Having lollygagged about for much of the summer, the

S&P 500

got down to the serious business of a technical breakout on Tuesday. The day after the unofficial end of vacation season, the index finally joined other major averages in setting a new 52-week high and besting its mid-July high of 1015.

The S&P rose 1.4% to 1021.99, its highest close since June 18, 2002. That's significant because the average that most professionals follow most closely had heretofore lagged its index counterparts in establishing a new high for the current cycle. Meanwhile, the

Dow Jones Industrial Average

jumped 1.1% to 9523.27, surpassing 9500 for the first time since June 19, 2002, and the

Nasdaq Composite

rallied 1.7% to 1841.48, its best finish since April 1, 2002.

The technical seeds for Tuesday's breakout were planted Friday, according to Rick Bensignor, chief technical analyst at Morgan Stanley. The S&P's weekly close above 1008 was "sufficiently strong enough for us to have gotten the necessary buy signals needed to believe that we can start another leg higher," he wrote Tuesday morning.

After Tuesday's "good, strong breakout," Bensignor said he's "looking for a move" into the S&P 1065-1085 area, while spying resistance in the 1025-1030 range.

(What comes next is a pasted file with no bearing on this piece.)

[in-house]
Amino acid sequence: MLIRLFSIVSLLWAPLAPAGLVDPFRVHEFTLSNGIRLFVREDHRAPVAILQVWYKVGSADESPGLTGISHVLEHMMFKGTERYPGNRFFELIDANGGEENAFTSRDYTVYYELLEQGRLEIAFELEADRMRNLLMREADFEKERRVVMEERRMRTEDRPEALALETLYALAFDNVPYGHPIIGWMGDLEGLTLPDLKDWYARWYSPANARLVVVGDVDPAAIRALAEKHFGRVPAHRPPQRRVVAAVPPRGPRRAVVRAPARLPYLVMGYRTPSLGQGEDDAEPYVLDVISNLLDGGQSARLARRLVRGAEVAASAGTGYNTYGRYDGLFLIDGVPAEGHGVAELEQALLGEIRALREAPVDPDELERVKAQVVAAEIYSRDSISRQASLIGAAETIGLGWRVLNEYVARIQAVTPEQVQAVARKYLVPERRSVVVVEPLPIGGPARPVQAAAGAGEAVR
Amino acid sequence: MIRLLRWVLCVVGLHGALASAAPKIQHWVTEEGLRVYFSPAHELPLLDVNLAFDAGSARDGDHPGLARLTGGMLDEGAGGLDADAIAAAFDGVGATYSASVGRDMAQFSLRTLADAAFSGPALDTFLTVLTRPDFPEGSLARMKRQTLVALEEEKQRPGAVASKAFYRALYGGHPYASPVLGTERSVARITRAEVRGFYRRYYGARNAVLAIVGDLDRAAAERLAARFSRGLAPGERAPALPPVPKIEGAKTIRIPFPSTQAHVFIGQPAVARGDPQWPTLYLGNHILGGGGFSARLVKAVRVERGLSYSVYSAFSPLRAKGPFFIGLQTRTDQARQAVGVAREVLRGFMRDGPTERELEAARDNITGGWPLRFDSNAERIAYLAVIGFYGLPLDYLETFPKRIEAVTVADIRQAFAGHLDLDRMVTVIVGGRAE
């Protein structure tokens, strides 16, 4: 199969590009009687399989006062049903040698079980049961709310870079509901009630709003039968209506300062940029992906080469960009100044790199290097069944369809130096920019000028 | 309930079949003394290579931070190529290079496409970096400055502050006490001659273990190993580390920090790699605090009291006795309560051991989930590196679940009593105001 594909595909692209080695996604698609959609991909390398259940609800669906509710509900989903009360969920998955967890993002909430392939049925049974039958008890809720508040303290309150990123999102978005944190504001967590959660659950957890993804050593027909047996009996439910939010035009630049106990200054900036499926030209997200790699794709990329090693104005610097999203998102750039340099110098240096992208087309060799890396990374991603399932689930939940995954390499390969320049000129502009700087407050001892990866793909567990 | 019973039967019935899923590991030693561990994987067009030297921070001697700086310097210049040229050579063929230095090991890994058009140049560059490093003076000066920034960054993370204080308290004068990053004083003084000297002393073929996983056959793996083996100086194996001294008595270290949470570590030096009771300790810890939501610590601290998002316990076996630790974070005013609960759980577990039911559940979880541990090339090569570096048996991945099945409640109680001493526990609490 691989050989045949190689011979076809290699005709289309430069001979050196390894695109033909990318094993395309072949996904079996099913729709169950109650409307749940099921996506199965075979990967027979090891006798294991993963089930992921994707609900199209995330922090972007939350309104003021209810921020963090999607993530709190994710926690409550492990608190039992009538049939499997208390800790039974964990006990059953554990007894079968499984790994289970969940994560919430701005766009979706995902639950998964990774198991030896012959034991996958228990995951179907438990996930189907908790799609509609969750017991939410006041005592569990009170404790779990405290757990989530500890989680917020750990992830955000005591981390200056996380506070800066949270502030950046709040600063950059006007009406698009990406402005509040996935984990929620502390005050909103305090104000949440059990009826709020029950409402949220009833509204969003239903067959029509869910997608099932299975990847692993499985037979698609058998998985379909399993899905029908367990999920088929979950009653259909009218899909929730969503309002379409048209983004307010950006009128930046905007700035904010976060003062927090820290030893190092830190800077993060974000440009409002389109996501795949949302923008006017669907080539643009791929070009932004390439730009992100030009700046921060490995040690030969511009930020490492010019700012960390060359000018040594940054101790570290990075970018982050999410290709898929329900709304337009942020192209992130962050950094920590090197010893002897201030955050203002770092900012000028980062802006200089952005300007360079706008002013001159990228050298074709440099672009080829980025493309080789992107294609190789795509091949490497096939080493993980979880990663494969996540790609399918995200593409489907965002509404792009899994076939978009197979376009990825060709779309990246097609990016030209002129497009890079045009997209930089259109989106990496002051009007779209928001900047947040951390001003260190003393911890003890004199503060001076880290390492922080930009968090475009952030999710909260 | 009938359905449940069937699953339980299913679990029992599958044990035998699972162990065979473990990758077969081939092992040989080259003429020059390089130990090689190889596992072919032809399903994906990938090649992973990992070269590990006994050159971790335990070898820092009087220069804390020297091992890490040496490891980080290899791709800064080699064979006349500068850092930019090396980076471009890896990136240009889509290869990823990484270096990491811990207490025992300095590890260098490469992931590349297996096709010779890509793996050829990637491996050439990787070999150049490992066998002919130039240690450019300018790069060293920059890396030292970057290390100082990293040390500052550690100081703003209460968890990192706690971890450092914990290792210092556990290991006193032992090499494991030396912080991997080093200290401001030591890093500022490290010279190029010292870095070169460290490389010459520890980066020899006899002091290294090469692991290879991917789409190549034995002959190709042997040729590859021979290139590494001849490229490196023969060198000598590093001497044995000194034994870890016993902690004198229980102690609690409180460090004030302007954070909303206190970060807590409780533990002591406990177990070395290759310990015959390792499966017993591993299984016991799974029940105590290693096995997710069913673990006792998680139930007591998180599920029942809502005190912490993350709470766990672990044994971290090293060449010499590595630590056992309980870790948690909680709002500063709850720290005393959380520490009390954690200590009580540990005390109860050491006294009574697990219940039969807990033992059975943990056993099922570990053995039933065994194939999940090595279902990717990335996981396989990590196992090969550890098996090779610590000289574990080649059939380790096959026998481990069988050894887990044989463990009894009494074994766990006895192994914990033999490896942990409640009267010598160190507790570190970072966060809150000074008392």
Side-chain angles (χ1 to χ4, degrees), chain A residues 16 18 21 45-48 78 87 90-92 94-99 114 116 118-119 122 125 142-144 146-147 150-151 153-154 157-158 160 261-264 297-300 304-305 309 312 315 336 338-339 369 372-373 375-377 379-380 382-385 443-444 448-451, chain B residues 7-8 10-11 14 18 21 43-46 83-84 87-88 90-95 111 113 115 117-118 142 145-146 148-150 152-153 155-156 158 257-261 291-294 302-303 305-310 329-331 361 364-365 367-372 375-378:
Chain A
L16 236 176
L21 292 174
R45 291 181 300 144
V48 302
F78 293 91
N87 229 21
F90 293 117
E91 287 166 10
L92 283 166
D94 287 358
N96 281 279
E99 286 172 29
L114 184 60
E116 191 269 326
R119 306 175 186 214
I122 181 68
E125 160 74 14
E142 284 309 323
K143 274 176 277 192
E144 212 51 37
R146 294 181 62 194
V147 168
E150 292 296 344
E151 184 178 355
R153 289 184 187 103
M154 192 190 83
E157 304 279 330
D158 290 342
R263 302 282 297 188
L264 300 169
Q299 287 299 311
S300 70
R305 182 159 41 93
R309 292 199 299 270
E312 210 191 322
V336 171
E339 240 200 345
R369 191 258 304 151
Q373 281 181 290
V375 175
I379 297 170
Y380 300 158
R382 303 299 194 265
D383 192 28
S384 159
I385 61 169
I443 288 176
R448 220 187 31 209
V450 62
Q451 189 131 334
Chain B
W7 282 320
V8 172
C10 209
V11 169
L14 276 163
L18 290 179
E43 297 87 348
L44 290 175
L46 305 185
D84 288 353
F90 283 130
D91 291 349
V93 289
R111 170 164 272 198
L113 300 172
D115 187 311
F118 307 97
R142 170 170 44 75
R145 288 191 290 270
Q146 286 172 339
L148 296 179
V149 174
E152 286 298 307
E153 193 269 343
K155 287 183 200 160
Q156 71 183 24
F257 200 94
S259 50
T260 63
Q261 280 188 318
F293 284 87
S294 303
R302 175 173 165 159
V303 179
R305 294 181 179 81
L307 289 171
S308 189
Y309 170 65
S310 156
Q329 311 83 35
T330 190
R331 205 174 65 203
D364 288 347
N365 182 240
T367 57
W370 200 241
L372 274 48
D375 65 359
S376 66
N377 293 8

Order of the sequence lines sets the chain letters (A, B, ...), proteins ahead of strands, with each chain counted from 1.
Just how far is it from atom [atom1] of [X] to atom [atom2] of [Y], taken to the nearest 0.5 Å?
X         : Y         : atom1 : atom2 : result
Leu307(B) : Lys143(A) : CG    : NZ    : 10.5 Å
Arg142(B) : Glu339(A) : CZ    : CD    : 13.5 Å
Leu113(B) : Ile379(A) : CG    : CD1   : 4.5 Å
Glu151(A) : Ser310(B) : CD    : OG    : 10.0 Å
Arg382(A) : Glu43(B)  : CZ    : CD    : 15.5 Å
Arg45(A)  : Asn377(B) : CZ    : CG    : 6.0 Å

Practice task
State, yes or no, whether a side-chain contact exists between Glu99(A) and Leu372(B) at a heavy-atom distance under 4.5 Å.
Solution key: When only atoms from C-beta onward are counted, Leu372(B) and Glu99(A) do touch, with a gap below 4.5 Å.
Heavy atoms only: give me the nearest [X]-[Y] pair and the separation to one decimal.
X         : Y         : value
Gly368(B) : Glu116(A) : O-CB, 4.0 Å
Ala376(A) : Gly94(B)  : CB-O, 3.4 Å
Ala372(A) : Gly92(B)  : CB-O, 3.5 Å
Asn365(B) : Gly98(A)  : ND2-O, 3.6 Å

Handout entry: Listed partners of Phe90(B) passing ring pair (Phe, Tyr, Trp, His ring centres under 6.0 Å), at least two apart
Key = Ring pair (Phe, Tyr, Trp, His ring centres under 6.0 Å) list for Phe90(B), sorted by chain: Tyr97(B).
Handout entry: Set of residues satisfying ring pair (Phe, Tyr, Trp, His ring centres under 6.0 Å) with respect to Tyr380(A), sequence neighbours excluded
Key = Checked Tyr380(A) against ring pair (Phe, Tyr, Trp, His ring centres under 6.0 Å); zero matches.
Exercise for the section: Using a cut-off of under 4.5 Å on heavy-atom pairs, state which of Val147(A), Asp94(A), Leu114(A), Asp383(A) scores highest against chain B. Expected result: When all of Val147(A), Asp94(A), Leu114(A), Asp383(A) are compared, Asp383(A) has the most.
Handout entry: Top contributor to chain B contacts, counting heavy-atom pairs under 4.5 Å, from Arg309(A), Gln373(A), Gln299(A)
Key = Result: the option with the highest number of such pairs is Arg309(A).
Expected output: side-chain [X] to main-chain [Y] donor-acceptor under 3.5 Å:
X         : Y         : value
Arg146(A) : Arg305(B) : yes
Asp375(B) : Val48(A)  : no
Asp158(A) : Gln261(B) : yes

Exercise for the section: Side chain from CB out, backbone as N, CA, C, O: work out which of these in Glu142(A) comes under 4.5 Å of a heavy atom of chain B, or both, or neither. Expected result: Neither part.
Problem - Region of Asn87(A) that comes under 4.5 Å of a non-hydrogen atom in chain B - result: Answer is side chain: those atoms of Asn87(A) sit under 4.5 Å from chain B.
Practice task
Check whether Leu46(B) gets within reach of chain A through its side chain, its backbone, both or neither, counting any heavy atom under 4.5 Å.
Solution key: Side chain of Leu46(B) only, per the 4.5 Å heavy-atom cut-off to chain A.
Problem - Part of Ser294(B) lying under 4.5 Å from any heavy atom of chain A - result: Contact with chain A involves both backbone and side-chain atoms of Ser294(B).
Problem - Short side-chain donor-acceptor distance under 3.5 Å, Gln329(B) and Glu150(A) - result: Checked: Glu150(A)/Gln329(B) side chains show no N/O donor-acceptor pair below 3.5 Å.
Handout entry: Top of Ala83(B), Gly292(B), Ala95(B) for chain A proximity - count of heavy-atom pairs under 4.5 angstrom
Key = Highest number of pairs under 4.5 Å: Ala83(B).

At 1.4 billion shares on the

Big Board

and nearly 1.8 billion in over-the-counter trading, volume was decent but not as impressive as the price action. However, advancers bested declining stocks by better than 2 to 1 in both venues, while new 52-week highs swamped new lows 425 to 5 in New York Stock Exchange trading and 413 to 7 in Nasdaq trading.

Catalysts cited for the advance included a stronger-than-expected Institute for Supply Management manufacturing index, which rose to its highest level since December 2002. The ISM report reaffirmed optimism about the economy's strength, although that (along with stocks' surge) prompted another sharp selloff in Treasuries. The price of the benchmark 10-year note fell 1 12/32 to 96 30/32, its yield jumping to 4.64%, its highest level since July 17, 2002. (Meanwhile, the dollar rallied sharply vs. the euro but was down a bit vs. the yen, and gold dipped 0.4% to $372.70 per ounce.)

In addition to the economic news, stock proxies were aided by various sell-side analysts issuing positive comments on big-cap names, including

IBM

(IBM) - Get Report

,

Dell

(DELL) - Get Report

,

Fannie Mae

(FNM)

,

Freddie Mac

(FRE)

,

Seagate Technology

(STX) - Get Report

and

PeopleSoft

(PSFT)

. They all rallied by between 1.4% and 6.7%.

But perhaps the biggest factor of all in the rally was the continuing skepticism to which many market participants and pundits clung to heading into Tuesday's session.

"The markets continue to show strength in spite of all the experts who keep saying that they are overextended and are going to suffer a major correction," observed James Rohrbach, editor of

Investment Models

, who turned bullish (again) in early August, as reported

here.

Indeed, Tuesday morning's news reports and other comments were filled with information about how September is historically the worst month for shares. Many of those reports cited